Conflict: Desires and Goals
In Stein on Writing (the best overall book on craft I’ve ever run across), Sol Stein describes plotting at its most basic as “putting the protagonist’s desire and the antagonist’s desire into sharp conflict. . . . think of what would most thwart your protagonist’s want, then give the power to thwart that want to the antagonist” (83).
In genres where there is a definite antagonist/villain, this is easier to do than in genres or stories where there is no “bad guy” to give the role of thwarting our hero/heroine. This is one of the reasons why it is important to figure out what your thematic conflict is—if it is Man vs. Man, then you most likely have an antagonist. However, the person who thwarts your main character’s goals may not necessarily be a villain. In a romance, it may be that the hero and heroine are at cross-purposes with each other. In historical fiction, it may be that our solider, whose desire is to get home, keeps being sent to far off places by his commanding officers. What thwarts your character’s desires doesn’t have to be of ill intent—just something that happens that keeps your character from reaching those goals easily.
Stein quotes Kurt Vonnegut as saying that he teaches his students to have their character want something on the first page—even if it’s just a glass of water. It’s not interesting to read about someone who doesn’t want anything—who has no goals. The greater the desire, the more interesting the story. Think about The Wizard of Oz. The whole story, once she arrives in Oz, is Dorothy’s desire to go home to Kansas. If she followed the yellow brick road all the way to the Emerald City with no one to stop her—even if she did meet interesting folks along the way—it would not be a very interesting story (nor take very long to tell!). But along her journey she meets with one conflict after another brought upon her by her nemesis, the Wicked Witch of the West. But the witch wasn’t thwarting her just to thwart her. She had a desire as well: to retrieve the magical ruby slippers which were on Dorothy’s feet and held the key for Dorothy’s return home.
Dorothy’s desire (home) is one that everyone can understand—it’s what Stein calls universal: “The wants that interest a majority of readers include gaining or losing a love, achieving a lifetime ambition, seeing that justice is done, saving a life, seeking revenge, and accomplishing a task that at first seemed impossible” (84). In my genre, this universal desire is built in: gaining a love. Love, money, and power, according to Stein, are the three themes which create the greatest conflict, which is perhaps why the romance genre makes up more than half of all popular fiction sold.
While Dorothy’s desire to go home is her driving motivation, her goal for the purpose of the active plot is to make it from Munchkinland to Emerald City to seek help from the Wizard of Oz. Once she achieves that goal, after several major conflicts that seem like they might keep her from achieving that goal (“Poppies! Poppies! Poppies!”), she is given a new goal—to get the Wicked Witch’s broom stick and return it to the Wizard. She accomplishes this goal (“I’m melting. . . .”) and just when it seems like she’ll get to go home, after teary goodbyes, her desire is once again thwarted by the balloon taking off without her in it—she has achieved her goals, but not her desire. Enter Glenda the Good Witch who explains that the means to gain her desire was always within Dorothy’s reach—the ruby slippers.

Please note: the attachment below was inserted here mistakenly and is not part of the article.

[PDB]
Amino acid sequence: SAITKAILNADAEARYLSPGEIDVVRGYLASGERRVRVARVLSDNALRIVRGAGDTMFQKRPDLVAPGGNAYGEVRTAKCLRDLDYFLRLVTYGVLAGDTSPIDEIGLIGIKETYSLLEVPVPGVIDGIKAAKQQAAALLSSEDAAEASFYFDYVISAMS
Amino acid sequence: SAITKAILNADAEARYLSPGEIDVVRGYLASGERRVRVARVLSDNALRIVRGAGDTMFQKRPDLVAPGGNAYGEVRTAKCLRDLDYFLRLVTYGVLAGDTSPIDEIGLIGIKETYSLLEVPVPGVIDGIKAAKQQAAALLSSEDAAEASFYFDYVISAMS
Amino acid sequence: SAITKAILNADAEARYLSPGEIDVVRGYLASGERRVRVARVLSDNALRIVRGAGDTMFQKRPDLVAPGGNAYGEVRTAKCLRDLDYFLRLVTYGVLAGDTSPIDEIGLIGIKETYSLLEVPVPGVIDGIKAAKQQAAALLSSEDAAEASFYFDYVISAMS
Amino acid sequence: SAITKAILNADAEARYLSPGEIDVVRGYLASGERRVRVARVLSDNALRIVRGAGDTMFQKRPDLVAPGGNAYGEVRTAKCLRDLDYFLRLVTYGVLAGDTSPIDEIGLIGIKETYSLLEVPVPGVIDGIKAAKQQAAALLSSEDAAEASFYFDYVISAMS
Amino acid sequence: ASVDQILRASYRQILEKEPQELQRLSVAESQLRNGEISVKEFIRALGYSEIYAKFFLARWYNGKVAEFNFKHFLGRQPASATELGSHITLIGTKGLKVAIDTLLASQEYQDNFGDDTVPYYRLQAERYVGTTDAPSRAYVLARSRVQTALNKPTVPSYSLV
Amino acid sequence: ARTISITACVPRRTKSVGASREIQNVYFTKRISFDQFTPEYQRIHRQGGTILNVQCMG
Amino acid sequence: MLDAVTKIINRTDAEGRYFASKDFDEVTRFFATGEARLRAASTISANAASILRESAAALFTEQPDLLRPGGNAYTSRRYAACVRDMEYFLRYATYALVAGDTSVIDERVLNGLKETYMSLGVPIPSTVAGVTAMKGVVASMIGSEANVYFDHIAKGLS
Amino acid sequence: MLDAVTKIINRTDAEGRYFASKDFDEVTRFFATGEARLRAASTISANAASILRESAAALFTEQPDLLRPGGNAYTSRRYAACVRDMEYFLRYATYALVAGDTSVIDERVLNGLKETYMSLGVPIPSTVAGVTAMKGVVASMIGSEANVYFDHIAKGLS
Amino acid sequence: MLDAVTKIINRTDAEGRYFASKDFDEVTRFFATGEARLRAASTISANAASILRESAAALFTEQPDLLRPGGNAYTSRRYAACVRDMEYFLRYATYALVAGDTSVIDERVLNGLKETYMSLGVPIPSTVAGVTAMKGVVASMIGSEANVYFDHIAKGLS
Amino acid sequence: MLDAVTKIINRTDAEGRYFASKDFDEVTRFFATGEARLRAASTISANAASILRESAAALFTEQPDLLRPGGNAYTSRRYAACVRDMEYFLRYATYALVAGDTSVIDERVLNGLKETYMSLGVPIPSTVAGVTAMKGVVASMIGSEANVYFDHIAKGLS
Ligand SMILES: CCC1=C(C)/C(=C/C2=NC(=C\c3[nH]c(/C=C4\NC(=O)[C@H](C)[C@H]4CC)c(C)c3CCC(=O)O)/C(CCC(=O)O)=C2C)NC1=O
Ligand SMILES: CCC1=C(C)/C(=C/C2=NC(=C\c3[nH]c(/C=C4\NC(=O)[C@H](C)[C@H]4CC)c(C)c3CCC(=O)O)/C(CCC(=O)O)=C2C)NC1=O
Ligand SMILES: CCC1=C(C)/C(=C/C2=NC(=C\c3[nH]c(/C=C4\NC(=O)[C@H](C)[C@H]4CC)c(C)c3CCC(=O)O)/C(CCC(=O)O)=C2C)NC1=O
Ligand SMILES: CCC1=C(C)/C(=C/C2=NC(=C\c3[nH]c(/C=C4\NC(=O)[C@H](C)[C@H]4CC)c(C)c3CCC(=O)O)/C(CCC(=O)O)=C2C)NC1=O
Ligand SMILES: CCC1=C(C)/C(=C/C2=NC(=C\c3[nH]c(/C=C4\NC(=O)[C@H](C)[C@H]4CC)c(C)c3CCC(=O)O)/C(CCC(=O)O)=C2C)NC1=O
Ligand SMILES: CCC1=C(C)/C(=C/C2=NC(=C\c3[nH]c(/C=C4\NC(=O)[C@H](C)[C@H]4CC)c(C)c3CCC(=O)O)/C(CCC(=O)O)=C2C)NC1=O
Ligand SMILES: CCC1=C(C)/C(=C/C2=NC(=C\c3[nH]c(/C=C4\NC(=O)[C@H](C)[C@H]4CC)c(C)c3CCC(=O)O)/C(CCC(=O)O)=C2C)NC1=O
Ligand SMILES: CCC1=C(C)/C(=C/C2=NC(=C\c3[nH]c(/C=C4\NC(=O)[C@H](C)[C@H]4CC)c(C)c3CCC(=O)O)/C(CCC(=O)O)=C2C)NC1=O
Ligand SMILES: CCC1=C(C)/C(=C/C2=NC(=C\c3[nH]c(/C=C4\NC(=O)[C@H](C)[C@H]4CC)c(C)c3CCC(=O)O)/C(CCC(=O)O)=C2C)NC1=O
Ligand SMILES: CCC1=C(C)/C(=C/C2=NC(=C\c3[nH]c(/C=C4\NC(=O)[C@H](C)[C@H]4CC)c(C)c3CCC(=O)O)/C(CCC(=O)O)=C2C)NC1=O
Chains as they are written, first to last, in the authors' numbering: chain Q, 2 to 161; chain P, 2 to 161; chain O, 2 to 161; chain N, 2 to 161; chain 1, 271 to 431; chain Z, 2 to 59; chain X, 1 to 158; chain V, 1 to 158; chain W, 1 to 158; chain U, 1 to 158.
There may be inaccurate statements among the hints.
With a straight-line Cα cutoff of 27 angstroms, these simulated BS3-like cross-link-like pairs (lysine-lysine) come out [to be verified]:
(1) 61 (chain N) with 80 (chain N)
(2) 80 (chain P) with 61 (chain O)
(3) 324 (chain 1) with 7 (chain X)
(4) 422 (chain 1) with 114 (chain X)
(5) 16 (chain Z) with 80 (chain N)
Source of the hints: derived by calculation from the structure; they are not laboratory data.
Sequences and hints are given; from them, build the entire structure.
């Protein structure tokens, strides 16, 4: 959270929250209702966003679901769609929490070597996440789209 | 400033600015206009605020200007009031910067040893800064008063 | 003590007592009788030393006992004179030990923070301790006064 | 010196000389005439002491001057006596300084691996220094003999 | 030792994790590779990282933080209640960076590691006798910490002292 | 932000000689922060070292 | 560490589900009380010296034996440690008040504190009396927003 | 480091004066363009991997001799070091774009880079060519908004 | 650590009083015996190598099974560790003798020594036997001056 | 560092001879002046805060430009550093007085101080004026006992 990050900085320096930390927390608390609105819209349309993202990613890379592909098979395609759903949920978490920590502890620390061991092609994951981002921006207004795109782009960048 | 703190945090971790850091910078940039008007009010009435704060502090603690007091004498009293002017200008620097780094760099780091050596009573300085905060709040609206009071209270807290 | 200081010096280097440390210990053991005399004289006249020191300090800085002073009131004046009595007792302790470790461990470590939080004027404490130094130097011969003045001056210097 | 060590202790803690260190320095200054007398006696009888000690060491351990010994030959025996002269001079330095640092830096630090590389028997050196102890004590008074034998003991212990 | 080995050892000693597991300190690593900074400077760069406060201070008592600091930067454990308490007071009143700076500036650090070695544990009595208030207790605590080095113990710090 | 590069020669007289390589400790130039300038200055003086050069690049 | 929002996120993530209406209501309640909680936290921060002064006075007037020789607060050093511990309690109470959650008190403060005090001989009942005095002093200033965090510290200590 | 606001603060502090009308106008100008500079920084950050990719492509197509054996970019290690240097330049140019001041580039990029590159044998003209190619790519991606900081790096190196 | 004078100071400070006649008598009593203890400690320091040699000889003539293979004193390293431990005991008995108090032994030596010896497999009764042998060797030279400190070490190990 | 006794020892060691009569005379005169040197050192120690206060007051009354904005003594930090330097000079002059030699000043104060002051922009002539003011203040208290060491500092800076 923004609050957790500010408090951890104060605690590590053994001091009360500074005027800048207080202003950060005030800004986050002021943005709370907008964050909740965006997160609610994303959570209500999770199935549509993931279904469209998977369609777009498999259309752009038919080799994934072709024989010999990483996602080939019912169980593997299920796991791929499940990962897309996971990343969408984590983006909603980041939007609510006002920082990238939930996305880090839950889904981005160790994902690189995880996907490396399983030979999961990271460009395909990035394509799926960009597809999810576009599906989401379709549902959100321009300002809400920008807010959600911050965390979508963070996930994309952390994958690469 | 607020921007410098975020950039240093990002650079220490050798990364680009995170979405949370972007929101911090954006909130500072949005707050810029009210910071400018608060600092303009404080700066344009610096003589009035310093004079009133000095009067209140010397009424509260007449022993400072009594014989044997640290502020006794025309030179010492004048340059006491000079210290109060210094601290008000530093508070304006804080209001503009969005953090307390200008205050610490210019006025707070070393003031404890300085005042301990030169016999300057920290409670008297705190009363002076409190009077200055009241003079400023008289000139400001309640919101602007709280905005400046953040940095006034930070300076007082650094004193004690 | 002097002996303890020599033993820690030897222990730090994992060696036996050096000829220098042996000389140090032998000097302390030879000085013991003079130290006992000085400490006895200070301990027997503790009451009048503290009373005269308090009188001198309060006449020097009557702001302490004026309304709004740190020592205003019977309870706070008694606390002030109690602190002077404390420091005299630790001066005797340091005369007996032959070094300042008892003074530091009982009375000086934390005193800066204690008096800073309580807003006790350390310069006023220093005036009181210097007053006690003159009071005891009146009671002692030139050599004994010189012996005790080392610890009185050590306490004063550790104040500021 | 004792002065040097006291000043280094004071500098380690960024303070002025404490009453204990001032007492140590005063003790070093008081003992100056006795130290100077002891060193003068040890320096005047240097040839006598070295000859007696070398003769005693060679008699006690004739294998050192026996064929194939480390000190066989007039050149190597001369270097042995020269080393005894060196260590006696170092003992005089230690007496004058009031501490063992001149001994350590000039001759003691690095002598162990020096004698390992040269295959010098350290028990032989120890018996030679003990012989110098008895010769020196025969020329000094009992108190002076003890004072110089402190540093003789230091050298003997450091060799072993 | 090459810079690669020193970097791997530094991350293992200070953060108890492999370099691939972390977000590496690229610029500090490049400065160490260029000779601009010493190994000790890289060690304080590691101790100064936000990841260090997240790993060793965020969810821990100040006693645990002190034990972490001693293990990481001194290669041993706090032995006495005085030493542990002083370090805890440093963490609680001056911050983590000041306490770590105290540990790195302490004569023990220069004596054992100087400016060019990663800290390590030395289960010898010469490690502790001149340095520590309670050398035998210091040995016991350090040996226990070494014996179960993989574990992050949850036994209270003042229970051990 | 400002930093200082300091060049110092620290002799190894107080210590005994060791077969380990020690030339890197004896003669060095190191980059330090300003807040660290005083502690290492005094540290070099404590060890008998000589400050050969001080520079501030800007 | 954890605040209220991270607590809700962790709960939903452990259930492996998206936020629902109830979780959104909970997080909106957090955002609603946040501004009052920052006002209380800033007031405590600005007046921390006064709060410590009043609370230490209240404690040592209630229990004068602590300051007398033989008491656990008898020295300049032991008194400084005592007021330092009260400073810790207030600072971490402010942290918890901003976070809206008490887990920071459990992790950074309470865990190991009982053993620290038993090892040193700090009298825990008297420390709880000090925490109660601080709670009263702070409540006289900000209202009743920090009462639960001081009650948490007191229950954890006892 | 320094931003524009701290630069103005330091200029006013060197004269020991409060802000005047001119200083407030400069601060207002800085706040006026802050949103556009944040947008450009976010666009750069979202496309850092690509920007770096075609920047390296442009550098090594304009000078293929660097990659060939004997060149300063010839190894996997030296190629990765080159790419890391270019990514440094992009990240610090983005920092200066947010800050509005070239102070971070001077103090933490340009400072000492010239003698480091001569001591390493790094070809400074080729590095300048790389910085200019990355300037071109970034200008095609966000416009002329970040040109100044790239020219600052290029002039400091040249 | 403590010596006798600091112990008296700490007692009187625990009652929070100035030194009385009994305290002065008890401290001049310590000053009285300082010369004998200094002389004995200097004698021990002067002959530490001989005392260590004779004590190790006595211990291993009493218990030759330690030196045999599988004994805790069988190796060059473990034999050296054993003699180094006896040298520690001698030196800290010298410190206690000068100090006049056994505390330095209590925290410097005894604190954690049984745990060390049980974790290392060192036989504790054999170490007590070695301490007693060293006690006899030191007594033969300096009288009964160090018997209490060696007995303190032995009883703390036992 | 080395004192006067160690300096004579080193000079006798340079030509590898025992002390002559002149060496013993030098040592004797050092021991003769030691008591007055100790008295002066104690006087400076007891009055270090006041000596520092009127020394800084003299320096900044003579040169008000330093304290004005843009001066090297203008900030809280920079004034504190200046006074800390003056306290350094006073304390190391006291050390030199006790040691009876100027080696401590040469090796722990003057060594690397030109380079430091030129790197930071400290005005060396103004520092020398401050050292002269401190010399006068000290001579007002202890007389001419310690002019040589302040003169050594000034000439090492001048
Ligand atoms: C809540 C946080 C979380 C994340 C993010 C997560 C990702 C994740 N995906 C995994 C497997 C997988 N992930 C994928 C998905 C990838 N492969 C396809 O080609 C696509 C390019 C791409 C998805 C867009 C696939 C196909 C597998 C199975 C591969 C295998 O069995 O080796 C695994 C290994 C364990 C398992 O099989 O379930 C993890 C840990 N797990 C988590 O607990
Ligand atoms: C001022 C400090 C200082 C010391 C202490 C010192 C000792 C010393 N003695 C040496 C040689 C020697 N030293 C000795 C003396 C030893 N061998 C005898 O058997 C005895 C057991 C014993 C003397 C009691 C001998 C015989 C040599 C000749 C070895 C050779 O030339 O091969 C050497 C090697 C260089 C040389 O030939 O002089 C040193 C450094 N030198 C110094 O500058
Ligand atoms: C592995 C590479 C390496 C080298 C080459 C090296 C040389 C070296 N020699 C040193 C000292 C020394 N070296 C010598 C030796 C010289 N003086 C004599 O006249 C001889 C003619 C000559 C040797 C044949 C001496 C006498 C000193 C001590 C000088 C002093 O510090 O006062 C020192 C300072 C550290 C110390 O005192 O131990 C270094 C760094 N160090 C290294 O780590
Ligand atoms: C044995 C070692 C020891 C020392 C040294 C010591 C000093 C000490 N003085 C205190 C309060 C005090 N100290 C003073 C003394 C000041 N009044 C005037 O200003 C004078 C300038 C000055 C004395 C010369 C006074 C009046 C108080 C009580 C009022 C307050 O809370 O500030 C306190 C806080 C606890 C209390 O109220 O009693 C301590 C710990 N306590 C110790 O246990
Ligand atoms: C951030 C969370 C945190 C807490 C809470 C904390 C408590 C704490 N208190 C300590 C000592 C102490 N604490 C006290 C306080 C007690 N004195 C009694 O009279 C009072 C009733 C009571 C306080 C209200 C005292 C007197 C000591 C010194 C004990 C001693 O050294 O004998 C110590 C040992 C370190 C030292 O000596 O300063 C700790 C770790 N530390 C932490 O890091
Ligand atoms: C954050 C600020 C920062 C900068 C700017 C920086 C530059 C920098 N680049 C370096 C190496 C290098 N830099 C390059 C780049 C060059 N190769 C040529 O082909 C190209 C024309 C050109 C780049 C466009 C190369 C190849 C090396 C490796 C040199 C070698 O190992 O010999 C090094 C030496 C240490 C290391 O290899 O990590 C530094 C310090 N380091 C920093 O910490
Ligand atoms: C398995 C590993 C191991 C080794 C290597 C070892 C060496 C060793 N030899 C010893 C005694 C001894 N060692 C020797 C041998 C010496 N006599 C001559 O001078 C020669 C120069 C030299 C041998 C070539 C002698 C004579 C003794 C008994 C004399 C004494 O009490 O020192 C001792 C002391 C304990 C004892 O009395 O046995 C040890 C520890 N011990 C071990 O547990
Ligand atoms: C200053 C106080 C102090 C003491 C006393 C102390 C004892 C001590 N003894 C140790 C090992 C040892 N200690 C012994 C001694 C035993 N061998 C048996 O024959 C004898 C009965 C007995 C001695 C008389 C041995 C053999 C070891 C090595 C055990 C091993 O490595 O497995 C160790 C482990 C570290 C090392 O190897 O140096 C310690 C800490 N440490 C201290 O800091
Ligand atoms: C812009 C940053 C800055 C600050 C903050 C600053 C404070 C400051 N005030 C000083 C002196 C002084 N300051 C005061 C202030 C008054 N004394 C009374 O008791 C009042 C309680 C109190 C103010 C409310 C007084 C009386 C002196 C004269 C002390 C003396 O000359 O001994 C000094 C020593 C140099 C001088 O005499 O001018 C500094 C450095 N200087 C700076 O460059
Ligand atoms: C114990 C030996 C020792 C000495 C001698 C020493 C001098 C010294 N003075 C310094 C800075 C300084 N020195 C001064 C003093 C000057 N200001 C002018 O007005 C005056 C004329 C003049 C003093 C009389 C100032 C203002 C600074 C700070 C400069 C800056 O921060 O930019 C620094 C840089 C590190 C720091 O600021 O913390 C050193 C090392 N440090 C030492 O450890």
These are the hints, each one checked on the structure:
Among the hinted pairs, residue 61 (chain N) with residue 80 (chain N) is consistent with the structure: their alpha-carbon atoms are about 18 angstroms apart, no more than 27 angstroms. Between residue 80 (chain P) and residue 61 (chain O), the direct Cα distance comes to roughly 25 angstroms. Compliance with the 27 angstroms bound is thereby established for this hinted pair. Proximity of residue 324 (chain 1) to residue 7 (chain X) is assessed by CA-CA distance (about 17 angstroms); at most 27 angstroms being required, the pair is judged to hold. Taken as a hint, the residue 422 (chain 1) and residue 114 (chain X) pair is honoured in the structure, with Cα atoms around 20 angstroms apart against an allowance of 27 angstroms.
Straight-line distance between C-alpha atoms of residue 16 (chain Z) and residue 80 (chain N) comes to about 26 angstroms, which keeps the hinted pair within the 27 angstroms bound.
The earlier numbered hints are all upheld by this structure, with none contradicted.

Your character’s main desire shapes his or her goals for your story.
In my contemporary romance, Happy Endings, Inc., Anne’s desire is to run a successful business, remain independent, and perhaps, after ten years of living with the regrets and bitterness of a broken engagement, “create her own happy ending.” Her goal for the first part of the novel is to plan a wedding with a limitless budget—thus ensuring the future of her business—while fighting her attraction to the man she thinks is the groom. When she discovers he isn’t the groom, her secondary goal changes to trying to trust him again—after all, he’s been dishonest with her about his identity for several weeks. Then, when she discovers the true identity of the groom, her goal changes again. And, along the way, her desire has changed to focus on putting happiness in her personal life first and her business second. While the hero and the man he works for (the groom) aren’t necessarily antagonists, it is through their actions—the hidden identities and goals of their own—that Anne’s desires and goals seem to be thwarted.
In my historical, my heroine Julia begins it with her main desire being to gain her father’s respect—to be recognized as his favorite over a sea captain who, she believes, replaced her twin brother in her father’s affections when her brother was lost at sea fifteen years earlier—and to return home to their sugar plantation on Jamaica. Her goal is figuring out how to get back to Jamaica. She has two people who will try to thwart her desire: her mother and a cousin intent on marrying her for her large inheritance. Both of these characters have desires of their own as to why they want Julia to conform to their goals.
You may have a very clear idea of what your characters’ goals are for your story. But what is the underlying desire driving those goals? And what can other characters, the environment, or other forces do to thwart those desires and make the goals seem impossible to achieve?
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